S&T literary mag sponsors poetry reading, interpretive dance

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On October 29, 2015

Poet Elizabeth Schultz

Poet Elizabeth Schultz

Poet Elizabeth Schultz

Poet Elizabeth Schultz

Teacher, scholar, sailor and poet Dr. Elizabeth Schultz will read from her work at an event sponsored by Missouri University of Science and Technology’s literary magazine Southwinds this November. The reading will be accompanied by an interpretive dance performance.

The event, which is free and open to the public, will be held at 2 p.m. Tuesday, Nov. 10, in the Black Box Theatre at Missouri S&T.

“Hearing Beth Schultz read is a one-way ticket to another world, that is our very own,” says Dr. James J. Bogan Jr., Curators’ Teaching Professor emeritus of art history and film at Missouri S&T.

Schultz, a professor emerita of English at the University of Kansas, has written five collections of poetry – Conversations, Her Voice, The Sauntering Eye, Mrs. Noah Takes the Helm and The Quickening. She is also the author of two academic books on author Herman Melville, a memoir of a beloved summer community in northern Michigan, a collection of Kansas essays and a collection of short stories based on a summer spent on the Hoopa Indian Reservation in northern California.

The reading will also feature a dance performance by Joan Stone, who taught dance and choreography at the University of Kansas from 1982 to 2010.

A graduate of Sarah Lawrence and Yale, Stone has used her background in anthropology, urban studies and literature to create an unusual repertory of dances, which have been performed in the United States, Europe, Tajikistan, India and China. Her writings on dance have appeared in “American Studies” and the “American Journal of Archaeology,” as well as a volume of Langston Hughes criticism.

As a dancer and writer, Stone continues to explore ideas that have preoccupied her since the 1970s — dance and nature, dance and politics, women as history makers, and the relationship between gesture and word. She is Honorary Curator of Gesture at Spencer Museum of Art.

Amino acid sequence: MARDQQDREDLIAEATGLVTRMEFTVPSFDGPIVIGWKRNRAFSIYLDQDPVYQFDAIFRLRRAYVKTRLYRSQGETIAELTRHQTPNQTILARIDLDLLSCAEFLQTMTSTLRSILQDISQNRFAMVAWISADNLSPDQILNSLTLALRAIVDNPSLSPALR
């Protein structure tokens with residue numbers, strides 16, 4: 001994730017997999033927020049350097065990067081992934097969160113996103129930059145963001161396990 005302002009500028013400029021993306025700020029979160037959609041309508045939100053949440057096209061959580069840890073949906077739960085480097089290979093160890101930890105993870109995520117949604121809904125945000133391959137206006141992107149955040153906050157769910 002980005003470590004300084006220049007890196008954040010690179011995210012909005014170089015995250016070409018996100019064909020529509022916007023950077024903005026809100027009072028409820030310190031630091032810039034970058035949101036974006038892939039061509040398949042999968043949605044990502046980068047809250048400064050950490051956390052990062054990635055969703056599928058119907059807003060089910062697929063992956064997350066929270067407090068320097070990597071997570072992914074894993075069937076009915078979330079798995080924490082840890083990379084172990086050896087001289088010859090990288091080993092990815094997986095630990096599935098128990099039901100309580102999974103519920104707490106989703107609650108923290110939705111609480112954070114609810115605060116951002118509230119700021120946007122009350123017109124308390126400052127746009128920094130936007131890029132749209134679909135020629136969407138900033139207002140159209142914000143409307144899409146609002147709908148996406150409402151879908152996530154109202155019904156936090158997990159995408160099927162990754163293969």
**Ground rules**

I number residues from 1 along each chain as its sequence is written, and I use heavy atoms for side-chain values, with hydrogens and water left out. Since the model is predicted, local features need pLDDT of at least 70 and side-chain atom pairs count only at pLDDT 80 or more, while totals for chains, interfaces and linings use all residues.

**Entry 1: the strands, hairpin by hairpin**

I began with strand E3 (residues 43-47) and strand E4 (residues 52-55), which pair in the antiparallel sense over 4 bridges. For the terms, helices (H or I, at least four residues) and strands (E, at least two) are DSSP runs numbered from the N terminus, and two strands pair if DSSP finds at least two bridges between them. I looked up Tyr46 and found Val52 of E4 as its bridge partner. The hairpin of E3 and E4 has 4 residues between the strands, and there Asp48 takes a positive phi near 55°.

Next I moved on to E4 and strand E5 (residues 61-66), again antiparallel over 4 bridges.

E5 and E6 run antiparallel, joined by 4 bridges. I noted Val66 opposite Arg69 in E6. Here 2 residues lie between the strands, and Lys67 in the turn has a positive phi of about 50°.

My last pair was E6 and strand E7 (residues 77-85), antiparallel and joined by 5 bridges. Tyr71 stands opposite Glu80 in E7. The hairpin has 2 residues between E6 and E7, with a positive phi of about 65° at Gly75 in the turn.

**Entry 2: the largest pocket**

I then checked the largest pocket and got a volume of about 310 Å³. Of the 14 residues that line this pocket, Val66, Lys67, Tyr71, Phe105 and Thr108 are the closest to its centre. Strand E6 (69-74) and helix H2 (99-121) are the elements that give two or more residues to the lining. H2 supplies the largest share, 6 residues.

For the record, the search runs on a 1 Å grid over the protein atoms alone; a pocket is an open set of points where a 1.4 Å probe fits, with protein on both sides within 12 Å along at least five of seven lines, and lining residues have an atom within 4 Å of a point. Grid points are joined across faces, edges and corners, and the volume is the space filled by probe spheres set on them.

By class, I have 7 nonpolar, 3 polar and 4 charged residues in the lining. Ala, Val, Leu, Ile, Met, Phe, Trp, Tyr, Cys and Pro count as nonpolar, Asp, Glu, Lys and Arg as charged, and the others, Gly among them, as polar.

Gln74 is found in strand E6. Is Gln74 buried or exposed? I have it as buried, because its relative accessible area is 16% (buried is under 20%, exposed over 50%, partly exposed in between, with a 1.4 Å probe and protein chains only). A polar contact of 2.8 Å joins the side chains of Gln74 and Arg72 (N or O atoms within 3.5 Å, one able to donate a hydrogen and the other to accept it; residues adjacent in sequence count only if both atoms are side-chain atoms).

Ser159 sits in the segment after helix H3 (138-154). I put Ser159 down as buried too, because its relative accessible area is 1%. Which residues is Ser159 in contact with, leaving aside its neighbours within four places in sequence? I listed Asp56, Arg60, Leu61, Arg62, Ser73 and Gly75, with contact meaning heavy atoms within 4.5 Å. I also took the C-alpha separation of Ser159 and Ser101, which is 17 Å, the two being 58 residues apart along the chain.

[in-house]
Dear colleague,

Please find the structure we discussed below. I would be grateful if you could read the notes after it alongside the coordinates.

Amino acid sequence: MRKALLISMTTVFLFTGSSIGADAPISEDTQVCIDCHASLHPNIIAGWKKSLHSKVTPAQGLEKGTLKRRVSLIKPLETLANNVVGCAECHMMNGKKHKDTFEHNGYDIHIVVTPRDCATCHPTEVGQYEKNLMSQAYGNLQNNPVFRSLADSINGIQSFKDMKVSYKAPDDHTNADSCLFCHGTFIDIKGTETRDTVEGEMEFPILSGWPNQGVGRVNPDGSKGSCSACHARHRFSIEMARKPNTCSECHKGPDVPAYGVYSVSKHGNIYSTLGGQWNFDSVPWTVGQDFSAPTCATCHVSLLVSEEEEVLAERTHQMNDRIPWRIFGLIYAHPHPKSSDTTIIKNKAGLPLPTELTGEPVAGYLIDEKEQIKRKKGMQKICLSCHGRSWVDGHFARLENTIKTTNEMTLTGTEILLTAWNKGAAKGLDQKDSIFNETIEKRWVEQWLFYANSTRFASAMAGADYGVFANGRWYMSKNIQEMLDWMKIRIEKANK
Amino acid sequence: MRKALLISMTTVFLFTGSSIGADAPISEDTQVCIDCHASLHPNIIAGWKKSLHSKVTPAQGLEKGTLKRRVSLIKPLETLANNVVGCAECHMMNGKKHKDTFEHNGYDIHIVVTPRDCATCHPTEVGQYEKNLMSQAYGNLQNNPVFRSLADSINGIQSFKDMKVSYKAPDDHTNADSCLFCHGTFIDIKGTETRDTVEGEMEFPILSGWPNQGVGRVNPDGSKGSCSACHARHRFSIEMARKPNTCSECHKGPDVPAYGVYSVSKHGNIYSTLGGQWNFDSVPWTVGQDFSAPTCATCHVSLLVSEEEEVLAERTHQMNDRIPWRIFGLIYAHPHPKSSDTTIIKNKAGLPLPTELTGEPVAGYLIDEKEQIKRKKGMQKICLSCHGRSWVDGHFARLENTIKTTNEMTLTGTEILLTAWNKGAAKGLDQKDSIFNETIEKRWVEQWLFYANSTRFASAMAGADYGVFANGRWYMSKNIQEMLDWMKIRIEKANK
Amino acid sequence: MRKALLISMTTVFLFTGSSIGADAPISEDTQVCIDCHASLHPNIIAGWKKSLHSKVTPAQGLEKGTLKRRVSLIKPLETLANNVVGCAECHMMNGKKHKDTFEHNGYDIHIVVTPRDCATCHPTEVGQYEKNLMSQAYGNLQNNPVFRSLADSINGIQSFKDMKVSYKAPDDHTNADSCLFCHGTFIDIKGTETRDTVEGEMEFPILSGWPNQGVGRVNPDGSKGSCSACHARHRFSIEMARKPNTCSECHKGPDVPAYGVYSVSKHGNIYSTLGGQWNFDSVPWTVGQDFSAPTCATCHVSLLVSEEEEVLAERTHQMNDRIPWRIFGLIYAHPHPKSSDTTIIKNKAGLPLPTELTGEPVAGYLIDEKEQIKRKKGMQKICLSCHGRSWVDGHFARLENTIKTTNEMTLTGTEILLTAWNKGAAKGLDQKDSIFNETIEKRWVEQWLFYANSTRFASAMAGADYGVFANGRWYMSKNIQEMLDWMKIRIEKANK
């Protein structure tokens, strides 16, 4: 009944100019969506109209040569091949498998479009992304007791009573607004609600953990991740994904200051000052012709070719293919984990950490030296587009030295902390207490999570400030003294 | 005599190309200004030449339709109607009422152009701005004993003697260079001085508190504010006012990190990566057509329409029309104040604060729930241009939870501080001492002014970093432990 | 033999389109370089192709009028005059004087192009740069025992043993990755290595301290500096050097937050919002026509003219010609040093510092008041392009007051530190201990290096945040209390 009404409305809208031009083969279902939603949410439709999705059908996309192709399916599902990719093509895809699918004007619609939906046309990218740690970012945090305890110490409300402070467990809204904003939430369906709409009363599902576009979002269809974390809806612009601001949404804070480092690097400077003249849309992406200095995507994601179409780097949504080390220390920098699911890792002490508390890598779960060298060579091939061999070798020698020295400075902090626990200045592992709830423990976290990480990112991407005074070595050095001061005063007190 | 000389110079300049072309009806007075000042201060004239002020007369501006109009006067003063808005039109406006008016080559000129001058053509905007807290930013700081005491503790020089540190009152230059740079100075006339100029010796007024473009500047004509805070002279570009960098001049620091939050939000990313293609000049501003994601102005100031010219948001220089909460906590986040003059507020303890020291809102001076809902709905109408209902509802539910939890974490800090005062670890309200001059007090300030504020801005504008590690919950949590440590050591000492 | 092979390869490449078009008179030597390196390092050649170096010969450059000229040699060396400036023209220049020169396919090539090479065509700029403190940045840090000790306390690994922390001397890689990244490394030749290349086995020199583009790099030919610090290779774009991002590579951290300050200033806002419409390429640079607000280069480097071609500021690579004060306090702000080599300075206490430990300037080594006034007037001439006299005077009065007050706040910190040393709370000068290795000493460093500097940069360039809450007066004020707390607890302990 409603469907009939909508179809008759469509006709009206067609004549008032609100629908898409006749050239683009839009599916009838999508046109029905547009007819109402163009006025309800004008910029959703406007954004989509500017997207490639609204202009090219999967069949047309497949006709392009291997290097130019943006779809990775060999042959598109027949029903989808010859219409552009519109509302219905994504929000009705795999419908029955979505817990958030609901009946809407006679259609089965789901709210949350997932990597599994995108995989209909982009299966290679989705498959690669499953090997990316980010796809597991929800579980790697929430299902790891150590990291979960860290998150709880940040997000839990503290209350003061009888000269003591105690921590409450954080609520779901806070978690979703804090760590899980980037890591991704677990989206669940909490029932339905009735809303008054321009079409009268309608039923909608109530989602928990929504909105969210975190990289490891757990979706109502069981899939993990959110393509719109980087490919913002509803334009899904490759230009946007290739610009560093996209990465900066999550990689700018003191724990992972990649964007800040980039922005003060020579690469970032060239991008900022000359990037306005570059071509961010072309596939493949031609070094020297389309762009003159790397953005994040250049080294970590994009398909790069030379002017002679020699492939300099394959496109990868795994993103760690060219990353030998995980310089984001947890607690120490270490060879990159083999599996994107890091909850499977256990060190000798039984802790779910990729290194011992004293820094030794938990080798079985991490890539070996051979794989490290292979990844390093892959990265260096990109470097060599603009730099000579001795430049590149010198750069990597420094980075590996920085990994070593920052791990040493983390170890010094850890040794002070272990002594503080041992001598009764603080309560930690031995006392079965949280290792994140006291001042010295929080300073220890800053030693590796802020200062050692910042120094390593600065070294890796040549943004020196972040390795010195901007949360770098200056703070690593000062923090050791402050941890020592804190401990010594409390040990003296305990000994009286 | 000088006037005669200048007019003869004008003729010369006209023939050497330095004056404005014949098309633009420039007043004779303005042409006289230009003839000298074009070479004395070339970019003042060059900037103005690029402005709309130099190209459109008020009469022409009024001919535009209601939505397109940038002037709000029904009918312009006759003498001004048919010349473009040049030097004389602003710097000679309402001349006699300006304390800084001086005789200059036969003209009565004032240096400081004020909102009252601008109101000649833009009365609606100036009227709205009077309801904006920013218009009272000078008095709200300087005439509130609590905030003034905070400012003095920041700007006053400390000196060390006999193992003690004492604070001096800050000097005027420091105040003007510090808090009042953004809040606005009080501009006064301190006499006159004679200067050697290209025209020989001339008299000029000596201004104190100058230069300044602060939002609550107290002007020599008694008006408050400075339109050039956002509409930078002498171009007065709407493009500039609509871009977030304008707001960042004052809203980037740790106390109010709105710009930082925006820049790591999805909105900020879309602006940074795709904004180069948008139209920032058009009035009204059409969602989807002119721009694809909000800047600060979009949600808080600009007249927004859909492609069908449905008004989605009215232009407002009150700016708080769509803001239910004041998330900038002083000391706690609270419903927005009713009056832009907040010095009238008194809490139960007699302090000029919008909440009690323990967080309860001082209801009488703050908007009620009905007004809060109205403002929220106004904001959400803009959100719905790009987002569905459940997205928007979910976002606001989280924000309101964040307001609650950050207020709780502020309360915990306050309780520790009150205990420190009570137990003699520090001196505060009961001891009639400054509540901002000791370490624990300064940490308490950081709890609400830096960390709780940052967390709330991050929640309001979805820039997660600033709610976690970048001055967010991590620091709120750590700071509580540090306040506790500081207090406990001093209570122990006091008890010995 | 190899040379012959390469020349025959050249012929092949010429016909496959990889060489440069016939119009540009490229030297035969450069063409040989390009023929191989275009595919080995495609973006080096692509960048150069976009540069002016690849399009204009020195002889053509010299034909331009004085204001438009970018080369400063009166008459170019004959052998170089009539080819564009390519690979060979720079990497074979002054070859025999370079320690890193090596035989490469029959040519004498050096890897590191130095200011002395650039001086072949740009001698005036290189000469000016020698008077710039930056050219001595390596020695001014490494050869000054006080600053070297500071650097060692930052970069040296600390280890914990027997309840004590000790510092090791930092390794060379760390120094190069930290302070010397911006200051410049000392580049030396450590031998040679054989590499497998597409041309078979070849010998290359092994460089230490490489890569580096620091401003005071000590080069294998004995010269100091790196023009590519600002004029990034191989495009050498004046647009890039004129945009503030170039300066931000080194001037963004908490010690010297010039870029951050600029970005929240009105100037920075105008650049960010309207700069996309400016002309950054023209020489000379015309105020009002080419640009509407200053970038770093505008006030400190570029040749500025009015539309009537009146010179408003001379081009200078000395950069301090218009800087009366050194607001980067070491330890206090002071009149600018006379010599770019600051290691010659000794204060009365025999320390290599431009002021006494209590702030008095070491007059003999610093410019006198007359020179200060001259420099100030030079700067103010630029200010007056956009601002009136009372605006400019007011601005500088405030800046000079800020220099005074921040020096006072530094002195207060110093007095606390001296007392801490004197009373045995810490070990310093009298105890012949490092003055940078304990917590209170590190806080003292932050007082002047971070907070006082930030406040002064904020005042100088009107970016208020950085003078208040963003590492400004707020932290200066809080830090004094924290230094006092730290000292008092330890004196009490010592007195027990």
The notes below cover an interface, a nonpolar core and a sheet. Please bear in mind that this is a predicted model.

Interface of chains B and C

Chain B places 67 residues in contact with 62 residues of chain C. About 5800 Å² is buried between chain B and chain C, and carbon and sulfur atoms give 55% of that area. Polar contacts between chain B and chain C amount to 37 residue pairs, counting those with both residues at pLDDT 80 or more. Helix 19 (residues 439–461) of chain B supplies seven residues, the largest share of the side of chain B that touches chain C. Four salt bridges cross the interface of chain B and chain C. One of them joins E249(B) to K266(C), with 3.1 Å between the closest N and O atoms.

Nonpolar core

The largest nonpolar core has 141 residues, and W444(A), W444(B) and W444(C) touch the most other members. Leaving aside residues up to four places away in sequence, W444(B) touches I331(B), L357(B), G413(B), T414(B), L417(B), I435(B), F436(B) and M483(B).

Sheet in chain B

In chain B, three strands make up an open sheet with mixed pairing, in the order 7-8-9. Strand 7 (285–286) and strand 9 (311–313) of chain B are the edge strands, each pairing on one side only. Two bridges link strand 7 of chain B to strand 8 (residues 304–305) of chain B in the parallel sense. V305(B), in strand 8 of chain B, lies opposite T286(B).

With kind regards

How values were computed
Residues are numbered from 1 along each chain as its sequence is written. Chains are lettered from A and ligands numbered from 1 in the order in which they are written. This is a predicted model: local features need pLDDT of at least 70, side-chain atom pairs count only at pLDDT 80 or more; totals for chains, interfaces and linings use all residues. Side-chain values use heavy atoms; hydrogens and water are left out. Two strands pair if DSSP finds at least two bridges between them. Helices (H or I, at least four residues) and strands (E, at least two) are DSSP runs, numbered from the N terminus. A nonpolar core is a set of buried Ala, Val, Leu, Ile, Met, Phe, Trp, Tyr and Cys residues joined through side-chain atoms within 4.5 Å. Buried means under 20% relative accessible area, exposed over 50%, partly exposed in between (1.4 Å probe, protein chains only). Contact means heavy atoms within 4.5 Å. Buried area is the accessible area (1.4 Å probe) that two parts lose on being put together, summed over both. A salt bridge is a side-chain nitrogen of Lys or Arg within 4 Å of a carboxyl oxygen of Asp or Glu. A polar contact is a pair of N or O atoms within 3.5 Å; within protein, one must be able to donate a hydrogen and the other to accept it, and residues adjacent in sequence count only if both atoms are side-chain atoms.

Below is a sample of Schultz’s work:

We set no sails. We climbed no rigging.
We moved according to the waves’ whim,
the wind’s will, the moon’s fancy.
Across that vast plain of water, we bobbed
and bounced, little more than sea foam
as uncertain and hopeful as milkweed fluff.
Only Noah noted our direction. The sun’s
rise and fall gave us east and west, and he
fixed the ark’s bow on a point in between.
Only Noah kept time. On the long pine
that was our tiller, he marked the days.
At night, we lost both time and direction.
Shade came over us like a familiar tent,
the stars shining through its worn canvas.
Noah slept among the goats and sheep,
and I stood watch while the ark surged
into darkness. On certain nights, I nudged
the tiller and took us out onto the moon’s path.
Phosphorescence flickered in the water.
The eyes of ocelots, and lemurs, and owls
glowed. For company I had the sibilance
of chimpanzees snoring and a coyote
duet ricocheting off the invisible horizon.
No one would tell when I guided the ark
skyward, up onto the highway of stars
to meet Draco, and Pegasus, and Aquila,
and all our glittering ancestors.

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